Fig. 10. Diagonal slices of walnut…
Fig. 11. … glued together and ready for slicing into feather-banding.
The hours involved so far come to 37-3/4.
Thanks for posting the work hours….proves the rest of us to be slackers…..Was the chamfer on the base and the molding blocks cut with a spoke shave or a router against a template? Greatly looking forward to the next post.
If you mean an electric router, go and wash your mouth out with carbolic soap!
I’m not one of the latter-day hand-tool-only brigade, but really, it takes but a moment to scribe and shave a chamfer this small. At any rate, the angle (whatever it is) is shaved to provide the thinnest uniform section of moulding block to suit the moulding profile (as in the image below) and is (probably) not a standard router bit angle.
I knew that would bring a response! The hairs on the back of my neck raised just typing it!
I’m enjoying watching over your shoulder, thanks for taking us along!
Latter-day hand-tool only brigade aside, is all of your work by hand or do you use machines for any of the donkey work?
I extol the use of a bandsaw, planer and thicknesser as, importantly for me, they allow me to pursue my hobby (unarguably, they also speed things up, though that is not the objective). Without them, physically, I can no longer prepare the necessary stock to make any furniture.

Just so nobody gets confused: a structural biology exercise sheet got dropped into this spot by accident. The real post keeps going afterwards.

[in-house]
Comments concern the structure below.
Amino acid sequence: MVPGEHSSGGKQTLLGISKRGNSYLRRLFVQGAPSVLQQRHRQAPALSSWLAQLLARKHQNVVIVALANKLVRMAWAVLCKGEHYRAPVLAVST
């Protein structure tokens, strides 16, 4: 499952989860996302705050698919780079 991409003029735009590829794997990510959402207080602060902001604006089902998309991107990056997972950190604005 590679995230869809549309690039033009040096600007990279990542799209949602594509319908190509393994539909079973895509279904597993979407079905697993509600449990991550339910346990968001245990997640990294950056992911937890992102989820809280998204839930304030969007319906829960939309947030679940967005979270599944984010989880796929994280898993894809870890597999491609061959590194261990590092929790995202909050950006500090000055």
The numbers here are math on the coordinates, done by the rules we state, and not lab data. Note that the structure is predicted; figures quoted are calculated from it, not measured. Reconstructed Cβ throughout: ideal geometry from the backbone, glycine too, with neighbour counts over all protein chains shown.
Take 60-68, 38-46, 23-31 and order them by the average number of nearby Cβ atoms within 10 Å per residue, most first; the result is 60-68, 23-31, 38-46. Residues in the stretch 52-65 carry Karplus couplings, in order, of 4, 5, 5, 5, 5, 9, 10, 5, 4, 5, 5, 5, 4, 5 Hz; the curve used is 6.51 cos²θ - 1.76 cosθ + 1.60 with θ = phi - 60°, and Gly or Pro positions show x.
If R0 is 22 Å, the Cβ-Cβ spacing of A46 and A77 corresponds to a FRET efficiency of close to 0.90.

Having said that, in making copies of period furniture, I will not let any machine or power tool within two processes of a finished surface. Future furniture restorers will not encounter modern adhesive, biscuits or machined surfaces in any of my furniture, no matter how deeply they delve.
I also abhor the majority of jigs, guides, aids and largely self-defeating tools like the electric router. Aside from the cost of tooling, the router is time-consuming and produces less than satisfactory results in most operations to be considered of any practical use in my arsenal.
Other than for the racket it makes, I do favour using an angry grinder with a Saburr Tooth disc mounted to it for bottoming Windsor chair seats: Five minutes with a traditional scorp leaves me an aching wreck!
The pictures that feature your walnut parts, sure doesn’t look like American Black Walnut. What is the source of your walnut? It appears much lighter in color than what I’m working with here in the U.S.A.
As mentioned in this and the previous post, the chest is constructed from European walnut.
When the time comes, seeing some photos of the serpentine molding being shaped and scraped would be great. Would you remove the bulk of material with a gouge or chisel? Then use a filed scraper for the final surfaces? Guide by hand or mount the scraper on a block of wood to act as a follower?
The base serpentine moulding is already done, but if I remember when I’m shaping the top moulding I’ll take a shot of the process.
The base moulding, being a fairly deep profile, required a lot of waste removal which I did with a gouge and chisel. After that it was a straightforward job to perfect the profile with a scratch stock and sandpaper.
In fig 5 how thick are your cross grain moulding blocks. In that figure they look quite thin.
The cross-grain blocks for the top moulding are 5/16″ thick and those for the base moulding are 1/4″ thick.